Suzanne Lainson (profile) says:

Re: Re: Facebook IPO too much too late

I’m the camp that agrees Facebook is not a good place to advertise. Many people (including me) will not click on any Facebook ads because we don’t trust Facebook. And the more Facebook tries to collect info on us to sell to advertisers, the less we trust it.

This article says what should have been said before and by many.

Facebook?s biggest problem is that it?s a media company ? Tech News and Analysis

Aileron says:

Re: Re: Facebook IPO too much too late

Yes, I agree, I’m sure many will stay, even on the basis of brand recognition rather than just useless clicks like google, but most marketers know that in the end its bang for your buck that counts, sales do matter for money spent. Even google advertising is far less effective as people turn off to ads in general.

The only healthy sales model is when a user specifically searches for an item they want, this is why google is going all out to improve their search tools. Facebook has none of this and many many people use adblockers. My point is that there is no real or new revenue source in their current business model that would justify any major increase in their profits, which are rather paltry given the size and value of the float.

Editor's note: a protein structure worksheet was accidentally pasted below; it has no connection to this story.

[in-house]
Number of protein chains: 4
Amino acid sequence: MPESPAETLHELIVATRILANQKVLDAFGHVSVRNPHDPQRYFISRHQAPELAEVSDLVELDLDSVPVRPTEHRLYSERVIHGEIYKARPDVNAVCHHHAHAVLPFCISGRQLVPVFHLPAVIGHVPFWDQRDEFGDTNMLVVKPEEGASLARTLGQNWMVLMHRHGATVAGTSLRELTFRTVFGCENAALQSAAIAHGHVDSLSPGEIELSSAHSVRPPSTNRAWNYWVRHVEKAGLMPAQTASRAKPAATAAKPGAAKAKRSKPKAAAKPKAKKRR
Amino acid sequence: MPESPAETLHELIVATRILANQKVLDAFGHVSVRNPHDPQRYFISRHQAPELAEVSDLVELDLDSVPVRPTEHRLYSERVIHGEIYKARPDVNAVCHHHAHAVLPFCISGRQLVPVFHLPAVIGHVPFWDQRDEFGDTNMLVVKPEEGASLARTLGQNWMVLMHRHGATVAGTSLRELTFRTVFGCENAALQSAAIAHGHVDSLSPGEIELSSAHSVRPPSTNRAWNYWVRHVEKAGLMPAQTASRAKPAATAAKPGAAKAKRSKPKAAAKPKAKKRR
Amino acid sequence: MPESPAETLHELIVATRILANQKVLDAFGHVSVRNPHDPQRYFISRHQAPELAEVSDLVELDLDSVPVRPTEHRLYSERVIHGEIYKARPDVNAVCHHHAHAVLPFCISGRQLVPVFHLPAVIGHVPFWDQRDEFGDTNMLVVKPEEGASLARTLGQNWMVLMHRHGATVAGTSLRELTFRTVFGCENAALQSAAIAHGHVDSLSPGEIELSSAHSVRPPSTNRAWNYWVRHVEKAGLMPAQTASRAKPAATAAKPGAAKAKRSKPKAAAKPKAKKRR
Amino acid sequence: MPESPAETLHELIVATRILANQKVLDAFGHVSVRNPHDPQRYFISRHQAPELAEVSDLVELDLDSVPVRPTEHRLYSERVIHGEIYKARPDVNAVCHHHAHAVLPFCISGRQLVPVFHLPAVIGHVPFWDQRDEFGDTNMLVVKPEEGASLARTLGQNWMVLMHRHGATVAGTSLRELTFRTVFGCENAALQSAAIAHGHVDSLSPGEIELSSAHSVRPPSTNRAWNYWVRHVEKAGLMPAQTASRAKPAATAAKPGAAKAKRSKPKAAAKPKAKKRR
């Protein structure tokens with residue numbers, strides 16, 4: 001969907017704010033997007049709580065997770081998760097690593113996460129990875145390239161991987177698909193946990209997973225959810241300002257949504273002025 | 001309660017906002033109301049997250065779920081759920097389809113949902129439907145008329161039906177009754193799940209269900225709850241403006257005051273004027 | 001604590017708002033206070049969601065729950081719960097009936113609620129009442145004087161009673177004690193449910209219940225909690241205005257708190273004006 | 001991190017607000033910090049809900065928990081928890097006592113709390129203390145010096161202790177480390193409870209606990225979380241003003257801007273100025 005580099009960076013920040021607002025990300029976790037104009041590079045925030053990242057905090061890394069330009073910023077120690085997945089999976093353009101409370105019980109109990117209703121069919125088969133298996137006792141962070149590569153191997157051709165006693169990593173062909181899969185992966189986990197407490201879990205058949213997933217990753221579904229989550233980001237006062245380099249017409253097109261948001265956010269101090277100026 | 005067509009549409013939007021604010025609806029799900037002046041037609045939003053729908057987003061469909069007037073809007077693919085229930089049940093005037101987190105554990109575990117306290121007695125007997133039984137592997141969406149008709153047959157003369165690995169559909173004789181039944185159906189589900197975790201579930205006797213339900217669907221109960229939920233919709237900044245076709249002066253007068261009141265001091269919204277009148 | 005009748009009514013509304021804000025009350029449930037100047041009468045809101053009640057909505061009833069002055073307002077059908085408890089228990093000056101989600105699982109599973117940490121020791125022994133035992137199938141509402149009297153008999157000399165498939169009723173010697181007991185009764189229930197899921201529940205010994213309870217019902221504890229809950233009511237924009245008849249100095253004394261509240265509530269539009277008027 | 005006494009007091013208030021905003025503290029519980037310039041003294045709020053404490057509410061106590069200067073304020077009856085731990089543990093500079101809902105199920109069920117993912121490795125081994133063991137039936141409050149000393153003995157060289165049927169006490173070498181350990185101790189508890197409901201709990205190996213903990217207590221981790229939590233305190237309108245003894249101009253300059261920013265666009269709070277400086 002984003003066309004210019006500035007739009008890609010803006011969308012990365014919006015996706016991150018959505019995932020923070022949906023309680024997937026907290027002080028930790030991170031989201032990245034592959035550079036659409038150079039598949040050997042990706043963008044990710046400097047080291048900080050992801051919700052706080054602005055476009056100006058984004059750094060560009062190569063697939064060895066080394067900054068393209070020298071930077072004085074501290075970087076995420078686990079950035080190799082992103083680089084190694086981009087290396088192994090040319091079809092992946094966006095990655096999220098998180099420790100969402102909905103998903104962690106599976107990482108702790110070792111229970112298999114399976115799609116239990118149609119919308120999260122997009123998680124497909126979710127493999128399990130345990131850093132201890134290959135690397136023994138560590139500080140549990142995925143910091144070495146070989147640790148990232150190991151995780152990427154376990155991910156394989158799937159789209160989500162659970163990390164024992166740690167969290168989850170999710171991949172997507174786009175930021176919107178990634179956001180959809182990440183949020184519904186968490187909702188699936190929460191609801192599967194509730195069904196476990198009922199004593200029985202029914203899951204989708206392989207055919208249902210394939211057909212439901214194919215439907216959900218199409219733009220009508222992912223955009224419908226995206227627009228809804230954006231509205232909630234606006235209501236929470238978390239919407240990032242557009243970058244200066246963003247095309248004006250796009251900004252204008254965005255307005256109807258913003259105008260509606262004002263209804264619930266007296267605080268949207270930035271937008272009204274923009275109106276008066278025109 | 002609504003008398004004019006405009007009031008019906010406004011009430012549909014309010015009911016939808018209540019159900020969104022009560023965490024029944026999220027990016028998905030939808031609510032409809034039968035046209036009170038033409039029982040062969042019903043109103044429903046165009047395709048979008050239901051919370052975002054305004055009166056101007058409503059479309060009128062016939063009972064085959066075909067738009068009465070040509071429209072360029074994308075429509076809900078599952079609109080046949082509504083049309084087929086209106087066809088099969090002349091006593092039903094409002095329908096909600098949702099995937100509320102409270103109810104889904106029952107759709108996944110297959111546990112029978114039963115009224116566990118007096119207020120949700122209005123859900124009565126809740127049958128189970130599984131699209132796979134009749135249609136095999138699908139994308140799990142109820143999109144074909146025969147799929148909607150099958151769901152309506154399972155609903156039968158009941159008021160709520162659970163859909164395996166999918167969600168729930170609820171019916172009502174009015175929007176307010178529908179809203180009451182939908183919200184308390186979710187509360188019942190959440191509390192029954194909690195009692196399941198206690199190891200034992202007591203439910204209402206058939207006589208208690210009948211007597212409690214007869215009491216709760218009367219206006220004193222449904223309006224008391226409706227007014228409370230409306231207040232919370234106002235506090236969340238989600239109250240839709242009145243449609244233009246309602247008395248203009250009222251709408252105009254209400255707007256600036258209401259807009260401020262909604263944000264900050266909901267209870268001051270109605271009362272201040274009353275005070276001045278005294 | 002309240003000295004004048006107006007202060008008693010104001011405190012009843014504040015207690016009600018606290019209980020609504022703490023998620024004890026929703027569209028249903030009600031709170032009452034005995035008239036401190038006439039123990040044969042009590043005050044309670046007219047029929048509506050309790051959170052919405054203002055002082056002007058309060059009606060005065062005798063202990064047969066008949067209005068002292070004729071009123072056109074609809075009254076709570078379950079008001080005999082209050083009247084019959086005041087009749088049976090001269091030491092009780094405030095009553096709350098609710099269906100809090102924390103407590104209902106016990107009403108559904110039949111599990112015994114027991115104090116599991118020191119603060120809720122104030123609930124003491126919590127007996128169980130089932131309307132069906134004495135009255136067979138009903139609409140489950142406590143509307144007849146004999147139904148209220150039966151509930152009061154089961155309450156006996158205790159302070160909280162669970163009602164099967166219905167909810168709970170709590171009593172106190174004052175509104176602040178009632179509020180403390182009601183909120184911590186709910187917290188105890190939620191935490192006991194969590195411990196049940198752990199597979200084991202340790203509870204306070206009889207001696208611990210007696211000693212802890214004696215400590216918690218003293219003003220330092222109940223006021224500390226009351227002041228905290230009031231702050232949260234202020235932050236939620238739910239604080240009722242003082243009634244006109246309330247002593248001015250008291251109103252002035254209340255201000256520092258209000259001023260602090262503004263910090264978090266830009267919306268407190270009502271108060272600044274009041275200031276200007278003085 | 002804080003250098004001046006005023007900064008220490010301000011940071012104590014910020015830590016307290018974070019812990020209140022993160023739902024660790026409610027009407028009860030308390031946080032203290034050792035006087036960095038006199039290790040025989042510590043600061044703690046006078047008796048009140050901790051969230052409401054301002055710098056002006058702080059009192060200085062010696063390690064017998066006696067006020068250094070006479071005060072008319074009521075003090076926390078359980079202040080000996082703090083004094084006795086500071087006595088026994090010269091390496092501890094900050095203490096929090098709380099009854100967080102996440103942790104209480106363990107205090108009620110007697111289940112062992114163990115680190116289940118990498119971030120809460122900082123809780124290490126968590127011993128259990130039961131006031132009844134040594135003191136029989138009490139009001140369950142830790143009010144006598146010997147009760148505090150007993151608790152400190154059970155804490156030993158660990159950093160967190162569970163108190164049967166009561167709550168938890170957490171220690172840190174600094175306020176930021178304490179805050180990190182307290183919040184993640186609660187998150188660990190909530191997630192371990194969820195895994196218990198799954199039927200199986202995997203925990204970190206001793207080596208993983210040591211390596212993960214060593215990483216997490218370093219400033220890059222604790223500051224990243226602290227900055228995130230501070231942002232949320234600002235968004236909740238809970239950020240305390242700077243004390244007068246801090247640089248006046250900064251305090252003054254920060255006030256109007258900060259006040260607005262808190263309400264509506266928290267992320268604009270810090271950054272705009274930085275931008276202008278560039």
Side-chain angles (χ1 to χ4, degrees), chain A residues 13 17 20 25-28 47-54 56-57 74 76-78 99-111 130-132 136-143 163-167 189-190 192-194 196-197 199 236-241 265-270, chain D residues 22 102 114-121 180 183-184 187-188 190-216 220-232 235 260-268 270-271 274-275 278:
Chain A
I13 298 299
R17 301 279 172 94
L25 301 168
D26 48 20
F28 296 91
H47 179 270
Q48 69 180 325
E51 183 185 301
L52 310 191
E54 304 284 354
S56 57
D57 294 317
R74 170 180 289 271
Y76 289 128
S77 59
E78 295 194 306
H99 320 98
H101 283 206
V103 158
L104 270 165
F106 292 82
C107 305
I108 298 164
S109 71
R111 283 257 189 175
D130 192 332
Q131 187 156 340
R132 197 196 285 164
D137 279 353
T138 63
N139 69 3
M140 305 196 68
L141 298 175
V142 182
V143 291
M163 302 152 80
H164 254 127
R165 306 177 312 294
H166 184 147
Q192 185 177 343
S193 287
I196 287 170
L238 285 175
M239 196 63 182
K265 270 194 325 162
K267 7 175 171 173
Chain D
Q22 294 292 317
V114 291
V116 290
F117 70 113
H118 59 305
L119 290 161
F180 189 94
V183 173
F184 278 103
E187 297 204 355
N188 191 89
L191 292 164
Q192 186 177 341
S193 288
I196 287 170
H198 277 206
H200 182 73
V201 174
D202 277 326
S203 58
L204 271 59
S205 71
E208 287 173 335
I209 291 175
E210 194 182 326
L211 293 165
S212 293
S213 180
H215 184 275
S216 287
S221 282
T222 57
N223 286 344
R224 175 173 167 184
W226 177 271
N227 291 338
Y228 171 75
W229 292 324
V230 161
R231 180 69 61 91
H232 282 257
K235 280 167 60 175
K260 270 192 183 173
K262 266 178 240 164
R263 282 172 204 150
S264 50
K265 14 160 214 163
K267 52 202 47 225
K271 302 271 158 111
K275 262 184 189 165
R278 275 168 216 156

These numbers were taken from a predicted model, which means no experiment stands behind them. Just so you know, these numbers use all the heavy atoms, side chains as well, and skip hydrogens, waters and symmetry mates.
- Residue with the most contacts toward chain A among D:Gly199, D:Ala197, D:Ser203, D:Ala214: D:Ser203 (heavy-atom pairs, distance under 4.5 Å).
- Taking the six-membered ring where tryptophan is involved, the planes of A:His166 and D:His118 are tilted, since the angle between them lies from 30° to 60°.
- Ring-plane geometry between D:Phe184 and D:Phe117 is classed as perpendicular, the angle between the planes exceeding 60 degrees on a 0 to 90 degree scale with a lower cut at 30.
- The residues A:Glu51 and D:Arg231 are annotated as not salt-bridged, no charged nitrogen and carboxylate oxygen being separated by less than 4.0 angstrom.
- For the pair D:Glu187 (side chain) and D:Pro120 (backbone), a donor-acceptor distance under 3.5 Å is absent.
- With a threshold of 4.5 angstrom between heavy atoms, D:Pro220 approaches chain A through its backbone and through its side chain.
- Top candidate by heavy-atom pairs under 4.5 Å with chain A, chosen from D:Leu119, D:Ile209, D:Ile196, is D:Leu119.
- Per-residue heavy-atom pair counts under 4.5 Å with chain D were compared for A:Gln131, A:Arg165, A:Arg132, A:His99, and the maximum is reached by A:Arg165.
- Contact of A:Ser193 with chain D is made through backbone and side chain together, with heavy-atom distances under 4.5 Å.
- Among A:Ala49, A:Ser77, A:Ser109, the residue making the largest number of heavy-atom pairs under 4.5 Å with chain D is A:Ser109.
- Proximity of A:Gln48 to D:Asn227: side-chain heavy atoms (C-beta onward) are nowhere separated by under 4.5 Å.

Alecco says:

It was a failed charade

The joke today: FB has to re-IPO because all the stock is back again in the hands of the bankers

http://en.wikipedia.org/wiki/Greenshoe#Risk_to_Investors

The SEC currently does not require that underwriters publicly report
their short positions nor short-covering transactions. Investors who
are unwary of underwriter stabilizing activity who choose to invest in
what they perceive to be a stable issue can encounter volatility
when the underwriters pause or complete any stabilizing activity.
“Cast in the most negative light, price stabilization might be seen
as a means of transferring risk to a relatively na?ve segment of
the investor population.”

JustSomeGuy says:

Most people expect to make a stag profit from IPOs on the first day of trading. The real dogs will plummet immediately, those dogs with support (usually from the u/writers) will last a couple of days at most, the intent being to try and convince Joe Public that it’s a fair price and hopefully get them buying to a level of self-sustainability. The non-dogs, even if they drop a bit, will recover within weeks.